Indeed, JM, this way of justifying one’s motions easily makes for arbitrariness. Oddly enough, there was a period of flourishing university-like institutions in Muslim countries during the Middle Ages (medical studies, languages, philosophy etc. were taught there; those institutions were usually even open to foreign students and students of other religions), but those institutions were forcefully shut down when religious extremists became rulers, whose legacy to this day enforces limited access to education in many religious Muslim countries, particularly banning girls from education.

  14. Ben-David

    1/27/2008 at 2:12 pm

    JM – Western notions of objective truth didn’t stem from industry – they stemmed from the scientific method, which traces back to Greek/Roman epistemiology.

    Those ancient texts were preserved during the (European) Dark Ages by the Muslim world – which made advances in chemistry and mathematics during the time these ideas held sway in their culture.

    So Christendom has not always been a place of objective, rational inquiry – and dar-es-Salaam has not always been a place of irrationality and myth.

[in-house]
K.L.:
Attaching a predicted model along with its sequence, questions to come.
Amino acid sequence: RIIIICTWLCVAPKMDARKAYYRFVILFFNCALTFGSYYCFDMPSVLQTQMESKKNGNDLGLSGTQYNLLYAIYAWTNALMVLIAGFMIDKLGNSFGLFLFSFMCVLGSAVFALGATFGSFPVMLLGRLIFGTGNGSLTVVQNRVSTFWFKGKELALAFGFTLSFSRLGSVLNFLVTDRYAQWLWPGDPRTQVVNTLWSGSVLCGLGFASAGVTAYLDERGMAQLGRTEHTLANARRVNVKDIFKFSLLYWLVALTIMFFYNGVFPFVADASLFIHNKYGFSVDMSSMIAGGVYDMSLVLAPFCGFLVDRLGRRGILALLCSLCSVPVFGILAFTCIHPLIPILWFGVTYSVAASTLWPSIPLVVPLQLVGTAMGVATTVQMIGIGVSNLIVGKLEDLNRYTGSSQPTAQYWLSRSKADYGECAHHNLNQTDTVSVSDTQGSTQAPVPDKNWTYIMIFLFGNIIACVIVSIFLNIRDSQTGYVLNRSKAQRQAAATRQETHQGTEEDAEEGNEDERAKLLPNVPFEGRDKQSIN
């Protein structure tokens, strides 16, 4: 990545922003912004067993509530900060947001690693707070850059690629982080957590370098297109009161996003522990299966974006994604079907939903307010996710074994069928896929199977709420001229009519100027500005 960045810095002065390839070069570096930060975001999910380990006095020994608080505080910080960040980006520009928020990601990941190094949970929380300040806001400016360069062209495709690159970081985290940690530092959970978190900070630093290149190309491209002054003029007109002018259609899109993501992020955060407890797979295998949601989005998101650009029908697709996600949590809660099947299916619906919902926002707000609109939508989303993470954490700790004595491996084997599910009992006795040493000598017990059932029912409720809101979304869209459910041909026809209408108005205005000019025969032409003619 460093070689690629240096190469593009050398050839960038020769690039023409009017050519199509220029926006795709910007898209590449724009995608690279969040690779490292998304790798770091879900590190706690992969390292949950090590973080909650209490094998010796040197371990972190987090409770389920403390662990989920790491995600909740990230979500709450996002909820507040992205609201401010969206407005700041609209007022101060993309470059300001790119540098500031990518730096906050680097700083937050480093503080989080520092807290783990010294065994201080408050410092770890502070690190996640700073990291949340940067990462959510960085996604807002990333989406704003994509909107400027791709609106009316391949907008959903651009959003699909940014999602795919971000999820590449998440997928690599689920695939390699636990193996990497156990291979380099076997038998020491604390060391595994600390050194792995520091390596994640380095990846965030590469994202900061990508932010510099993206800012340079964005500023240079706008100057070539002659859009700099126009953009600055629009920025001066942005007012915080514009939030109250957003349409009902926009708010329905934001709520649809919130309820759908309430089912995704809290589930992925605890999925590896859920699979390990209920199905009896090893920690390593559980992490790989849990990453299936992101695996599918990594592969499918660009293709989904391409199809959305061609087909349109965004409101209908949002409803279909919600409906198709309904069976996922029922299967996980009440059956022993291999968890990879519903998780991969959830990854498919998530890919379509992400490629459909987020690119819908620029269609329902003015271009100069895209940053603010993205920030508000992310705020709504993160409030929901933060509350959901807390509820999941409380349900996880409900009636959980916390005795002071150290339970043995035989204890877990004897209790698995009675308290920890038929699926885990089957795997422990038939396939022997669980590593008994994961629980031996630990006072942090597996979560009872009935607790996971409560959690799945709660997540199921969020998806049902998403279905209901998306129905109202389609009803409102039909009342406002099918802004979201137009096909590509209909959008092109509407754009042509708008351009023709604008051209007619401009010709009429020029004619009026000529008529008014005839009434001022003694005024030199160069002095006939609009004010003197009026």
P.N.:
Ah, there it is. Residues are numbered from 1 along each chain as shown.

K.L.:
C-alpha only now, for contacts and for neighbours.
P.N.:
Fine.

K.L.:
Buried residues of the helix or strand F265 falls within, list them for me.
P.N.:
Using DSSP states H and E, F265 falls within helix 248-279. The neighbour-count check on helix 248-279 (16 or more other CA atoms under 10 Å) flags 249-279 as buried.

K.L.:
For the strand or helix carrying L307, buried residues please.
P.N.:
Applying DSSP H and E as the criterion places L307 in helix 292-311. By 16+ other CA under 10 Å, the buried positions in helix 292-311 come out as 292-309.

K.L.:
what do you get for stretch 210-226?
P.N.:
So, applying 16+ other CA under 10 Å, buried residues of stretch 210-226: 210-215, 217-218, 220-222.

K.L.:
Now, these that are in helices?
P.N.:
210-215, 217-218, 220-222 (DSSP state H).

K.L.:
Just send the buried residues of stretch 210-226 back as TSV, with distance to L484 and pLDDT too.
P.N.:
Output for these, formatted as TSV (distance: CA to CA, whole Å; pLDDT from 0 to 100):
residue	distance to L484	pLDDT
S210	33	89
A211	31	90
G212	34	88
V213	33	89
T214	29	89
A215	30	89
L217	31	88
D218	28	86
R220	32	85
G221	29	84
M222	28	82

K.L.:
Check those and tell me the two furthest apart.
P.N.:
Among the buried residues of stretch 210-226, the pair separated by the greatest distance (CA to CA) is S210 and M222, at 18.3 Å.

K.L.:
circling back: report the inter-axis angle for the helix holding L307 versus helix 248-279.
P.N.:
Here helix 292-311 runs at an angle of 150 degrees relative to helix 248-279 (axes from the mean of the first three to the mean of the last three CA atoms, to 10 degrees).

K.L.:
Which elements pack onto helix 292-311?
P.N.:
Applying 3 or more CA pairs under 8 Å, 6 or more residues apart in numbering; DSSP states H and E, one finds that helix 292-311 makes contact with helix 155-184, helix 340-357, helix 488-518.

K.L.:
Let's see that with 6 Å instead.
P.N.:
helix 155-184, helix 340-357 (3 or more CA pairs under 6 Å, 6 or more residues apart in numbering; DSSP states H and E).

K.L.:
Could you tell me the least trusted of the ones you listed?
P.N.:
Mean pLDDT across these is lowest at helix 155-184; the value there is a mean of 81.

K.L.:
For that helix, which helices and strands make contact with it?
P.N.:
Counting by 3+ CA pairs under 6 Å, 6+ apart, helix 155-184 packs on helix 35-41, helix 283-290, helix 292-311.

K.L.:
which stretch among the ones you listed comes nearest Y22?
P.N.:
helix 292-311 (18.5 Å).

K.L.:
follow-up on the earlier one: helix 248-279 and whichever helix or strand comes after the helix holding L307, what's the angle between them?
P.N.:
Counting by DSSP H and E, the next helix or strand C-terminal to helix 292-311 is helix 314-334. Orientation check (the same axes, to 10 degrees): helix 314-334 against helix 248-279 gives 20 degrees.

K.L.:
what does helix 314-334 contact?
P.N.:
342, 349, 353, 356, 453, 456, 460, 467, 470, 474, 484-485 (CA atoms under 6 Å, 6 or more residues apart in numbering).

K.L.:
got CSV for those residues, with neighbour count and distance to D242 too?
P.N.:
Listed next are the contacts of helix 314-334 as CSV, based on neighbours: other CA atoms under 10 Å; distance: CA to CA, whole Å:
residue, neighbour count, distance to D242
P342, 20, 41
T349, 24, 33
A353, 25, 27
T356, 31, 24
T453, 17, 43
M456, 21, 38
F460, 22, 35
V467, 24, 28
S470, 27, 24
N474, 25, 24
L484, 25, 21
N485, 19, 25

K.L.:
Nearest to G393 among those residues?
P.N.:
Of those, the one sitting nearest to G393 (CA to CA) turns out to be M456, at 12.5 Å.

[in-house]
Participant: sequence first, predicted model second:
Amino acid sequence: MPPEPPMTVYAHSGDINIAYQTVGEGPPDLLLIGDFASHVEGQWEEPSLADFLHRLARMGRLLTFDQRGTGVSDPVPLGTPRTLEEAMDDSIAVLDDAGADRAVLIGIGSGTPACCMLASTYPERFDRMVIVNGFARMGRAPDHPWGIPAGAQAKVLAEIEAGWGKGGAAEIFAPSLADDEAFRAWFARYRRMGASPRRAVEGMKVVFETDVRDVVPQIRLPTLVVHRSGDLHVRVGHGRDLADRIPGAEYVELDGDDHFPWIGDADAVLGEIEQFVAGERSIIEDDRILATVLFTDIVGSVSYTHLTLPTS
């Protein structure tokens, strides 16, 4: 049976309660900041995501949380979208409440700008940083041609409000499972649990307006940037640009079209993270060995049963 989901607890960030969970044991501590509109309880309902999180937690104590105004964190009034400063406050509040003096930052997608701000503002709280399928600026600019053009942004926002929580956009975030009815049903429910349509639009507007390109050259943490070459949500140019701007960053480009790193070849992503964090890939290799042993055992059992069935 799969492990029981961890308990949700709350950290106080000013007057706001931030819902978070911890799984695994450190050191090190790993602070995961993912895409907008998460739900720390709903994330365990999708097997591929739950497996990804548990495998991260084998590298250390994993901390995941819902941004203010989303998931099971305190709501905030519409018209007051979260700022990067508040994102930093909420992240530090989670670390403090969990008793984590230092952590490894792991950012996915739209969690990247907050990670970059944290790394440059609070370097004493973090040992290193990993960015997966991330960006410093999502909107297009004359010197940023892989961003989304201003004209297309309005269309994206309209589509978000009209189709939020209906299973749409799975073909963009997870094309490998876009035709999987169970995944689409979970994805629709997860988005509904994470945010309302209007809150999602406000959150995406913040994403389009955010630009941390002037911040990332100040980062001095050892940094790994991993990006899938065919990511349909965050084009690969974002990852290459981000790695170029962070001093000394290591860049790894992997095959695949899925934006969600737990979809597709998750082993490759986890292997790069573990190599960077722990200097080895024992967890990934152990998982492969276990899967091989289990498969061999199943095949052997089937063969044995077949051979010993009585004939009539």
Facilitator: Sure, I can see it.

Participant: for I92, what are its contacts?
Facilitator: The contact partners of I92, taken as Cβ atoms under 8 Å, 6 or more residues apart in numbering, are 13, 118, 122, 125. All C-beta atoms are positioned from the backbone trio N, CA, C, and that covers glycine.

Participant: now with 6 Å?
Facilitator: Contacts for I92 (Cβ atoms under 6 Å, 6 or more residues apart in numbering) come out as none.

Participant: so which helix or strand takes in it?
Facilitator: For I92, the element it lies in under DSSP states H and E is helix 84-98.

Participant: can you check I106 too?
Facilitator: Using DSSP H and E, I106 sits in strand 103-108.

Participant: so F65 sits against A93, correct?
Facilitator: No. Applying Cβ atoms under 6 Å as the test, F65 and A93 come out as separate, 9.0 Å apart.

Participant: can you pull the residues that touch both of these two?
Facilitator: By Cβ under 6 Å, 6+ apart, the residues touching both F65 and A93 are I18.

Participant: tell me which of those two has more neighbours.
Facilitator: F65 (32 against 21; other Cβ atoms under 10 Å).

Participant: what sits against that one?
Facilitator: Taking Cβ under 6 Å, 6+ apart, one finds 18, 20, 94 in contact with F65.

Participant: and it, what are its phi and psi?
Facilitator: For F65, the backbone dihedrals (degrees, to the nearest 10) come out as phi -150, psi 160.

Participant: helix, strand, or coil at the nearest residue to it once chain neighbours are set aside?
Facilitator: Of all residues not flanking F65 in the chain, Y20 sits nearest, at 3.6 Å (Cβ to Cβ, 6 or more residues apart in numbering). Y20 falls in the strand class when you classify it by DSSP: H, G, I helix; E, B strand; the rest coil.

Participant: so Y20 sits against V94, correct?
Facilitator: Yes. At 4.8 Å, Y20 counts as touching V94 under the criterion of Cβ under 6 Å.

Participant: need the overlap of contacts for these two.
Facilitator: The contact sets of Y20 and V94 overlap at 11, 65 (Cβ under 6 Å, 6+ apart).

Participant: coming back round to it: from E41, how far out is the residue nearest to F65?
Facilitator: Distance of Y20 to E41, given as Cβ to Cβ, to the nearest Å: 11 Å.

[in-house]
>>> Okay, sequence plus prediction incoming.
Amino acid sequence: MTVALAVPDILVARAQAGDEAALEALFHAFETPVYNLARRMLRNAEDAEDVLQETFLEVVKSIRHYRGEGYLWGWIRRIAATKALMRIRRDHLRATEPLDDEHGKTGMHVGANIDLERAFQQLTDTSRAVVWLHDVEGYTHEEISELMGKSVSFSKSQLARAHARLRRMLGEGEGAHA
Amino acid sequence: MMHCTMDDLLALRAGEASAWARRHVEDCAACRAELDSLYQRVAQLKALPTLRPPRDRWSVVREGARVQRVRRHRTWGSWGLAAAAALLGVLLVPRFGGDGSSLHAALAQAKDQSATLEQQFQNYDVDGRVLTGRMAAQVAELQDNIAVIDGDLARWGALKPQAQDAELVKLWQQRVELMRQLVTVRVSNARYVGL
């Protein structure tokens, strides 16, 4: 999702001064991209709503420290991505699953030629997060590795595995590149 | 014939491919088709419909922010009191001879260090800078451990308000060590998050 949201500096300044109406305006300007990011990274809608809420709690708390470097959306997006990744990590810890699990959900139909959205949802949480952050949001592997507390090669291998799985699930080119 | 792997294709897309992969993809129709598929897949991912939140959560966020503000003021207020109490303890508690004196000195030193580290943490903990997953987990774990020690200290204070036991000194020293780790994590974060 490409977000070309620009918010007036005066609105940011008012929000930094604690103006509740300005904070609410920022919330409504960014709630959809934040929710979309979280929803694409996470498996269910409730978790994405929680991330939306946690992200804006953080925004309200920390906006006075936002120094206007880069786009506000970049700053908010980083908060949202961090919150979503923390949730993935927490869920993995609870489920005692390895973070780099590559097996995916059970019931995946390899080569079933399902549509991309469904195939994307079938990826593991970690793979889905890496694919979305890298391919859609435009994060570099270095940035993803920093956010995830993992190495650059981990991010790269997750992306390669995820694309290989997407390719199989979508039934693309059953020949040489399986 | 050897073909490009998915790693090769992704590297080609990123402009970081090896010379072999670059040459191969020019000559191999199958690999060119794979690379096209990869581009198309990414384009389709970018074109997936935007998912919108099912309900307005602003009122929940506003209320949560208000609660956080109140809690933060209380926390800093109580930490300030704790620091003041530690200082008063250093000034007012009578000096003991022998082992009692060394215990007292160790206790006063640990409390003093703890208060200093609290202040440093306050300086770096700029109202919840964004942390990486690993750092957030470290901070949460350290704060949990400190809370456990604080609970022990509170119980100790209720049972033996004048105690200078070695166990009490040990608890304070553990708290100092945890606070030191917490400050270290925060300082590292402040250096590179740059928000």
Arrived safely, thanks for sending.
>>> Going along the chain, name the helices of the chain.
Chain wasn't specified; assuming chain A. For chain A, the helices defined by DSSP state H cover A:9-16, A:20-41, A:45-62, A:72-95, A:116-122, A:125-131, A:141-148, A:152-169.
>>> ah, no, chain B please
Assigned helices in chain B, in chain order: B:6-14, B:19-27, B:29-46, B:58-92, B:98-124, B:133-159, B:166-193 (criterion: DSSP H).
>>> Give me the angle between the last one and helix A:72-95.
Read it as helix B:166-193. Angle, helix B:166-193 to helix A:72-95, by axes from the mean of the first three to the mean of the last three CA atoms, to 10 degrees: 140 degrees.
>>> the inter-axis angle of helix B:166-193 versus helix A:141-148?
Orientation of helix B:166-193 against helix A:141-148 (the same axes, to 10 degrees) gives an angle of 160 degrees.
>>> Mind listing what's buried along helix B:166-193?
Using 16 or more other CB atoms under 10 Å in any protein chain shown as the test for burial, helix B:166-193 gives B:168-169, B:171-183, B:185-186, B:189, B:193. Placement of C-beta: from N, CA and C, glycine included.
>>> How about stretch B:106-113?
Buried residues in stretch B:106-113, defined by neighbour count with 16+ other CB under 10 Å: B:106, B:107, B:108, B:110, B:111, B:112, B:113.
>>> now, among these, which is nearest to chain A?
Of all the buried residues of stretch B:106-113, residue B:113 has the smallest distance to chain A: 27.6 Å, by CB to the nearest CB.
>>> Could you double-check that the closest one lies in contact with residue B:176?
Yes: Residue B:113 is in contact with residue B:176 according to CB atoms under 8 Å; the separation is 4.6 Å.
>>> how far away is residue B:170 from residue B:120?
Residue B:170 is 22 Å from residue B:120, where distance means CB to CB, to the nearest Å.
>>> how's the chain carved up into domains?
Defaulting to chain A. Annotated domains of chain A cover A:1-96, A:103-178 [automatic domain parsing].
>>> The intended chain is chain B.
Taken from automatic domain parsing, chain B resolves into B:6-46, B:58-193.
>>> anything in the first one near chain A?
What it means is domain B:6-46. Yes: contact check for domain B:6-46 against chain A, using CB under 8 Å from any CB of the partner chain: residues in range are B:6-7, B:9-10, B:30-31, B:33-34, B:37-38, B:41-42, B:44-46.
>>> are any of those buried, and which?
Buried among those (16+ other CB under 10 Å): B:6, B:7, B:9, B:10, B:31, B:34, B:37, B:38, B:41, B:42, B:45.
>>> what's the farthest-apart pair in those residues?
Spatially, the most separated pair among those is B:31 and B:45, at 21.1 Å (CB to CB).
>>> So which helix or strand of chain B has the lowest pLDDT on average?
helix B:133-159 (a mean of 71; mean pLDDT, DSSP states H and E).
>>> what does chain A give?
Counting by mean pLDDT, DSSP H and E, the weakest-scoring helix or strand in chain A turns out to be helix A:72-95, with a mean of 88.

Here in Israel, we still see the use of “fake but accurate” storytelling among Jews from Arab lands – doctors and therapists are trained to parse stories about “a friend of mine” as reflecting on the patient, especially if there is shame or other taboo about the situation. A common human dodge, but more common in the Middle East. Something similar happens during business negotiations – until you catch on, you’re like “what the $%#$* does this tangent have to do with the issue at hand?”

    Froylein – I’ve got no problem with multivalent midrashic/mythological/historical understandings of the Torah, and love catching people up by reminding them that Judaism isn’t really a Western religion, but an Eastern one that traveled West. But… the claims of the Biblical critics have been so totally levelled by subsequent scholarship and archeology – and though it’s sweet to see the old theories gussied up in the new lingo of “narratives”, it doesn’t quite cut it for me.

    The old condescension towards the authors remains, alas – it’s a conceit of many “liberal” Jews to take pride in Jewish brains, while theorizing that our ancestors were ignorant primitives.